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expert-perspectives

U of M expert: The evidence is in (again). Vaccines are safe

Photo courtesy Flickr user Lou Bueno

In 1998, Andrew Wakefield published fraudulent evidence blaming the MMR (measles, mumps and rubella) vaccination as the cause of autism in young children, prompting parents around the world to stop vaccinating their children. Despite the fact the paper was retracted, the damage was done and the anti-vaccine movement is still prevalent today.

CNN recently addressed the issue of vaccination refusal, and stated once again that children should be vaccinated. Period.

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expert-perspectives

What does broccoli sprout tea have to do with cancer?

From a young age, kids are taught to eat their vegetables for the healthy benefits they pose. Now research is suggesting cruciferous vegetables like broccoli sprouts could offer more gains — cancer prevention.

Stephen Hecht, Ph.D., a University of Minnesota professor of laboratory medicine and pathology, and member of the Masonic Cancer Center, University of Minnesota, conducts research focusing on tobacco-related cancer prevention. He recently was part of a different kind of groundbreaking research finding the right diet has the ability to decrease risks of developing certain types of cancer.

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expert-perspectives

U of M expert: Maximize your health through diet and exercise

Courtesy: Arya Ziai, Flickr

Regular exercise is extremely important for people of all ages in order to stay healthy, whether it’s running a marathon or simply setting aside time to power walk a few times per week. But knowing when to eat, what to eat and what exercises are safe at a given age can have a major impact on how someone gains muscle or loses excess fat.

In order to fully understand some variables that impact the effectiveness of a diet and exercise routine, Health Talk consulted David Jewison, M.D. in the Department of Orthopaedic Surgery.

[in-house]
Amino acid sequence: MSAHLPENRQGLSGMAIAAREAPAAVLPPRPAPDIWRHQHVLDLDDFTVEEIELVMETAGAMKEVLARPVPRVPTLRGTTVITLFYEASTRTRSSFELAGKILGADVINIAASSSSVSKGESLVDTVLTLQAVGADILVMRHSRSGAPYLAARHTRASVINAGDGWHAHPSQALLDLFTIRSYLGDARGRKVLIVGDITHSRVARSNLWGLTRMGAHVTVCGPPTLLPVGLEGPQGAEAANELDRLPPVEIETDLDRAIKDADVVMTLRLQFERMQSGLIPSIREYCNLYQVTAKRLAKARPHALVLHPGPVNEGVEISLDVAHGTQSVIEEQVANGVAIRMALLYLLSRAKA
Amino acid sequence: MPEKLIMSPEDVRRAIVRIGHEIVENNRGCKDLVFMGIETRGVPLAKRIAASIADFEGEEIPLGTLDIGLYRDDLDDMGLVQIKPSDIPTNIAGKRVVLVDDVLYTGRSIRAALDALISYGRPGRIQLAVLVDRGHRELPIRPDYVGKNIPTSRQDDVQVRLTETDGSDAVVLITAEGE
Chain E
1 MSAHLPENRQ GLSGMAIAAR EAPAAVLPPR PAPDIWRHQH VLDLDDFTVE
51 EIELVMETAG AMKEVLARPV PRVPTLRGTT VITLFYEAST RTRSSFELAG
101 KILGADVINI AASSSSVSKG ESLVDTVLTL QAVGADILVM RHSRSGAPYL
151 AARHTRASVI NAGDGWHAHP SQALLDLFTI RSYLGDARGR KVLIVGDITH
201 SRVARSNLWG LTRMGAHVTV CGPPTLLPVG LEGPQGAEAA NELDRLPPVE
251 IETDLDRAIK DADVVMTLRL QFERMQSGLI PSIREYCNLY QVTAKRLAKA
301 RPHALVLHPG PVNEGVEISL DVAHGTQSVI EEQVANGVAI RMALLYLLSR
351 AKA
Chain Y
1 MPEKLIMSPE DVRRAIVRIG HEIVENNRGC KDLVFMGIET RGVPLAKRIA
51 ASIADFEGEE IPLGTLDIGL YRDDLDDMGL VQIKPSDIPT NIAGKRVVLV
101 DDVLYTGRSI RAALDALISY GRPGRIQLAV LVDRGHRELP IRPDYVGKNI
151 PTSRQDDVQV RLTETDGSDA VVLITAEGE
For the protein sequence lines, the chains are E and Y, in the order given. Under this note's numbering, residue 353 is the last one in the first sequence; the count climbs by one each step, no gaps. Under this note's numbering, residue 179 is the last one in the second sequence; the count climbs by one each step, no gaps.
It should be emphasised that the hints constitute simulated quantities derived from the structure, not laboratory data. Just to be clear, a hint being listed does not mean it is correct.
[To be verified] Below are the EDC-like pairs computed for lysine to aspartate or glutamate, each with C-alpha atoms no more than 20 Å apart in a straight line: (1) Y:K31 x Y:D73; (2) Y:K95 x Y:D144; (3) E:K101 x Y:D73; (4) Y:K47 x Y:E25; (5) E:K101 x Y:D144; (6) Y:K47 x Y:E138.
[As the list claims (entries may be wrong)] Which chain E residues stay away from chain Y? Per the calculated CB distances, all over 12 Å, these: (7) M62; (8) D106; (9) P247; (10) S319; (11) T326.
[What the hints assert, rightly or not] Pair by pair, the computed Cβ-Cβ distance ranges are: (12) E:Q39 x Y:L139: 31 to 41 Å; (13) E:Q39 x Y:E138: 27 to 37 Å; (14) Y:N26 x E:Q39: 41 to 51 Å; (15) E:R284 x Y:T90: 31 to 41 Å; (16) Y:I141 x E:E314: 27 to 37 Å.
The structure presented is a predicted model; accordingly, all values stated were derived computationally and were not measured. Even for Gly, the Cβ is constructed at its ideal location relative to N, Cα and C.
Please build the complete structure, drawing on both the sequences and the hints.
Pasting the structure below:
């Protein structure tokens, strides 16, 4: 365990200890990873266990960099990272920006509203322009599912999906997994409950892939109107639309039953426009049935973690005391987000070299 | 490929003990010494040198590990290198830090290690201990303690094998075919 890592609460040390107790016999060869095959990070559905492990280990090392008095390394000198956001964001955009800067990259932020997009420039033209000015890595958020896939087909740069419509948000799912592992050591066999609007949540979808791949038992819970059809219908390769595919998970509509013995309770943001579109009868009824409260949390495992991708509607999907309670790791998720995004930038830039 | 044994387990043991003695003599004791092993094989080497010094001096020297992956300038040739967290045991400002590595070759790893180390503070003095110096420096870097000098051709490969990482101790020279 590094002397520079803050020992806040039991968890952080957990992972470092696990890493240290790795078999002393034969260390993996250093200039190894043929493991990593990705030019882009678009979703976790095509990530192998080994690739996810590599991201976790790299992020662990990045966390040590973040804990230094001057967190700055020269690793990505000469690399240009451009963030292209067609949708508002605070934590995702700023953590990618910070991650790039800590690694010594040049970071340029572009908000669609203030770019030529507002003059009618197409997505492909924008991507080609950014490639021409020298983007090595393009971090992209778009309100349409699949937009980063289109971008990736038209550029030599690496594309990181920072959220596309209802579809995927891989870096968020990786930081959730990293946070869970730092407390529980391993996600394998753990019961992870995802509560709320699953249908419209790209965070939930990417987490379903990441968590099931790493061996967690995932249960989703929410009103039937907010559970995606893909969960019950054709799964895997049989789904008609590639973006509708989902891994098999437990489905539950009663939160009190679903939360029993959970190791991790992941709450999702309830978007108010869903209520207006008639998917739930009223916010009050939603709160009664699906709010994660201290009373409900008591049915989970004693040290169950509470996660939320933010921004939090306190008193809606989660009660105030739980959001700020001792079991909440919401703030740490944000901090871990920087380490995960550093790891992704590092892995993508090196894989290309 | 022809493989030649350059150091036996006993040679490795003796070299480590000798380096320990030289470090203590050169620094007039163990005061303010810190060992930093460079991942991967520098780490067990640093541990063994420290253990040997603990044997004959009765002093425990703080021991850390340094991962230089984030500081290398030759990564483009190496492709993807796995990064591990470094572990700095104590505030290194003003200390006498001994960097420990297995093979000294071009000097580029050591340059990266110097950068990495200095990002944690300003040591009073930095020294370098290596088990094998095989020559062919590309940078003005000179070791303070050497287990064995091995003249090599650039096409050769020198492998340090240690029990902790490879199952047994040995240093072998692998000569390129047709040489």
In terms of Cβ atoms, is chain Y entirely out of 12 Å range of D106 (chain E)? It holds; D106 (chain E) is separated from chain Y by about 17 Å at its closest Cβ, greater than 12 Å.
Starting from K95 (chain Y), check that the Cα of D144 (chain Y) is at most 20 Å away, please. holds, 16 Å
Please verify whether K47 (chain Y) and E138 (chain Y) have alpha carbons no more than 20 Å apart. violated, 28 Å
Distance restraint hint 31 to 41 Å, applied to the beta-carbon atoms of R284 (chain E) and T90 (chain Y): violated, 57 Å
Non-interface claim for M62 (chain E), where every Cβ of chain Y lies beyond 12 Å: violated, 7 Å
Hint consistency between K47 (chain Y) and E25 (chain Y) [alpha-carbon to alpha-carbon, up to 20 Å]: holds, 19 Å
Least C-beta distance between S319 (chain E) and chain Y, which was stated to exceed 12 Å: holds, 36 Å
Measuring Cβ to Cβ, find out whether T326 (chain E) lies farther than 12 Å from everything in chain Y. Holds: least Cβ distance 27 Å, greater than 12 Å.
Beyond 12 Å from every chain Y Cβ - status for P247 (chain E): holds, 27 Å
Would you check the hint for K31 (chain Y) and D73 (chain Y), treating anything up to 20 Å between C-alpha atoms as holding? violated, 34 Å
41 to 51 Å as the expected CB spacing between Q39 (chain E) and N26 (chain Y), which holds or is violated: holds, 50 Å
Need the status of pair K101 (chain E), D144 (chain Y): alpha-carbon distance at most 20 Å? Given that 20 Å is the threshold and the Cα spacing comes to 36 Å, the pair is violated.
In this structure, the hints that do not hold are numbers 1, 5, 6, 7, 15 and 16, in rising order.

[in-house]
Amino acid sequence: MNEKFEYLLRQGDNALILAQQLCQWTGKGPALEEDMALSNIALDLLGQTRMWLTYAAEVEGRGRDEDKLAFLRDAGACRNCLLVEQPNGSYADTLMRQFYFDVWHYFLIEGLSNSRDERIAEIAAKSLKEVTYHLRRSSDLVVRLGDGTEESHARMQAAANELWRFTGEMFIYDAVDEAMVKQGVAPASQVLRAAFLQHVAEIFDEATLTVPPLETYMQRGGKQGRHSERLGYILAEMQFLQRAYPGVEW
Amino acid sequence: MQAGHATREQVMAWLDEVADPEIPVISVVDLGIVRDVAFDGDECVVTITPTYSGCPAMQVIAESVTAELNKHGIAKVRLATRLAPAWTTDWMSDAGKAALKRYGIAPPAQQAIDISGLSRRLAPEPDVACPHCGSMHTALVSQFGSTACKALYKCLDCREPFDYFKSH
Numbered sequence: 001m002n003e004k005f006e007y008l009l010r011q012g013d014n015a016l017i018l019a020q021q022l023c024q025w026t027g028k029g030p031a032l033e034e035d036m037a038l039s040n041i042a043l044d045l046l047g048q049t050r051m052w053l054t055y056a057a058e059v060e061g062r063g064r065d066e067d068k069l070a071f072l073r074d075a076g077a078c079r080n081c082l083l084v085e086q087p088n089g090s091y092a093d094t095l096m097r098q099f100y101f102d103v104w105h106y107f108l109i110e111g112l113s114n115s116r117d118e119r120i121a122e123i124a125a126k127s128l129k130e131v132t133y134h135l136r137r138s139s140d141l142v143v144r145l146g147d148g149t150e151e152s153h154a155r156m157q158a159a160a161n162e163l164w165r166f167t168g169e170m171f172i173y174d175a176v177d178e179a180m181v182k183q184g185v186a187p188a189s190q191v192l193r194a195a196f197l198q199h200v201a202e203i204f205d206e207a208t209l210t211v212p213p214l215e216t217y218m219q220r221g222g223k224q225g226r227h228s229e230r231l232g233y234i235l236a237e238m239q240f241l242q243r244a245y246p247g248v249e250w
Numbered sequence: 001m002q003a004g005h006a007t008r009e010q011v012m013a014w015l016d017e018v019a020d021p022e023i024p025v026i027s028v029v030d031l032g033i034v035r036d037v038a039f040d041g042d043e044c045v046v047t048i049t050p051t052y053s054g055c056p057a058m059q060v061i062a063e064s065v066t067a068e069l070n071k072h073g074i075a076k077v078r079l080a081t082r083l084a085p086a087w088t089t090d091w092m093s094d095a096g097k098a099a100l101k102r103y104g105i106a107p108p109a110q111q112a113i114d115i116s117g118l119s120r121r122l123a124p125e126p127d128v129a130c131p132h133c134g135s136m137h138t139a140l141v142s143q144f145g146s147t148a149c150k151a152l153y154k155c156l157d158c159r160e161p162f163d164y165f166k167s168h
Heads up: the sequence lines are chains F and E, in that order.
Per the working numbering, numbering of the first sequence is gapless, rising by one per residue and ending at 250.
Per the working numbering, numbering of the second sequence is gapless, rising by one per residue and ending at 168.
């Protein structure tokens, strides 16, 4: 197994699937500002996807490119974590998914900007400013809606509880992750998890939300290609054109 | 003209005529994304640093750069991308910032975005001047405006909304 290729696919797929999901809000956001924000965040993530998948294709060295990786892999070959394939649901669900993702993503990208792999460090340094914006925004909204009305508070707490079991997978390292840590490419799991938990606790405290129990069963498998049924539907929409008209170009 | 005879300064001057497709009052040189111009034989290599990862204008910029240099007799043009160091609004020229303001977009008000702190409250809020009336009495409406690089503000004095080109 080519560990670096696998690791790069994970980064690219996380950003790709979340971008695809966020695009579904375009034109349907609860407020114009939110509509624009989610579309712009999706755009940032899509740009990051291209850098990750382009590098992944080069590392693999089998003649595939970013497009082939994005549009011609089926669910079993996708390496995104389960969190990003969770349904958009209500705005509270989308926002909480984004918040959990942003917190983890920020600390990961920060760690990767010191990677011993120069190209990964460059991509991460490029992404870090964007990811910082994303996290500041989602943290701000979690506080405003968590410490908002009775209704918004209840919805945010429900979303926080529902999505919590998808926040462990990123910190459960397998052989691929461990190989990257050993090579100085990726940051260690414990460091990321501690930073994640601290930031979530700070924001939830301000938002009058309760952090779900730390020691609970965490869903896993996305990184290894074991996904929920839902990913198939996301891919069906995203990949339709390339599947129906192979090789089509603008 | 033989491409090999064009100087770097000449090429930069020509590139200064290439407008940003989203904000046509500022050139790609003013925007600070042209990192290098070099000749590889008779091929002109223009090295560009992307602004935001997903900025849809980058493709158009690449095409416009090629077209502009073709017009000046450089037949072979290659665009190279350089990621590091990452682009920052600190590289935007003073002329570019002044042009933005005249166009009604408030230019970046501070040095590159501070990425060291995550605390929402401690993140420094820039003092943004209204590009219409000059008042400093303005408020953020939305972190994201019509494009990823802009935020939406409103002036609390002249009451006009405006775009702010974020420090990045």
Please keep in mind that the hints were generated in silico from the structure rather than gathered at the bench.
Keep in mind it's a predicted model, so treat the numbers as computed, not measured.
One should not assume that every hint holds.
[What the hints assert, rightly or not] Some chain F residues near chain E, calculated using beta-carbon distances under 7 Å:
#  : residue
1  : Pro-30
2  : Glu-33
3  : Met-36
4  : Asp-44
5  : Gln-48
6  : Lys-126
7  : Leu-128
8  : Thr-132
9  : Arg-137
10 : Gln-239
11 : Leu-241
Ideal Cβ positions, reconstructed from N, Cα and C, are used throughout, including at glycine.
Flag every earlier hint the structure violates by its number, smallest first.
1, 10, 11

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expert-perspectives

Men’s health: Ganesh Raveendran, M.D., and the fight against heart disease

Heart disease is the top killer of Americans, both men and women, accounting for about one in four deaths each year. From diets high in fat and sugar to a growing sedentary lifestyle, combating heart disease is difficult. To curb this national epidemic, University of Minnesota researcher Ganesh Raveendran, M.D., is working to provide improved cardiac treatment.

Raveendran, director of the cardiac catheterization laboratory at the University of Minnesota Medical School, has conducted multiple studies on regenerative cardiac repair. Throughout his research, Raveendran has worked to find a way to help regrow damaged human hearts.

“If we identify the correct cell population, if we identify the correct dosage of cells, if we identify the correct rate of injection, I think that will make a huge difference in the patients who suffer from heart attack,” Raveendran said.

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expert-perspectives

Men’s health: Diet and quality food key to lifelong health and wellness

Photo: Tetra Pak via Flickr

Promising a slimmer waist or quick weight loss results, new diet fads or trends often offer the easy way out rather than focusing on lifelong health and wellness. Earlier this year Health Talk featured the top diet trends for 2014 with some words of advice from School of Public Health professor David Jacobs, Ph.D.

Jacobs advised to maintain a diet with minimally processed foods along with a more plant-centered diet along with smaller portion sizes.

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expert-perspectives

Expert Perspectives: Secondary Drowning, a Worry to Parents

Photo Courtesy Flickr User Torsten Mangner

Although parents may watch their children attentively while they swim, and many pools or beaches have lifeguards on duty, there is still the risk that children may drown, a risk that lingers even after leaving the water.

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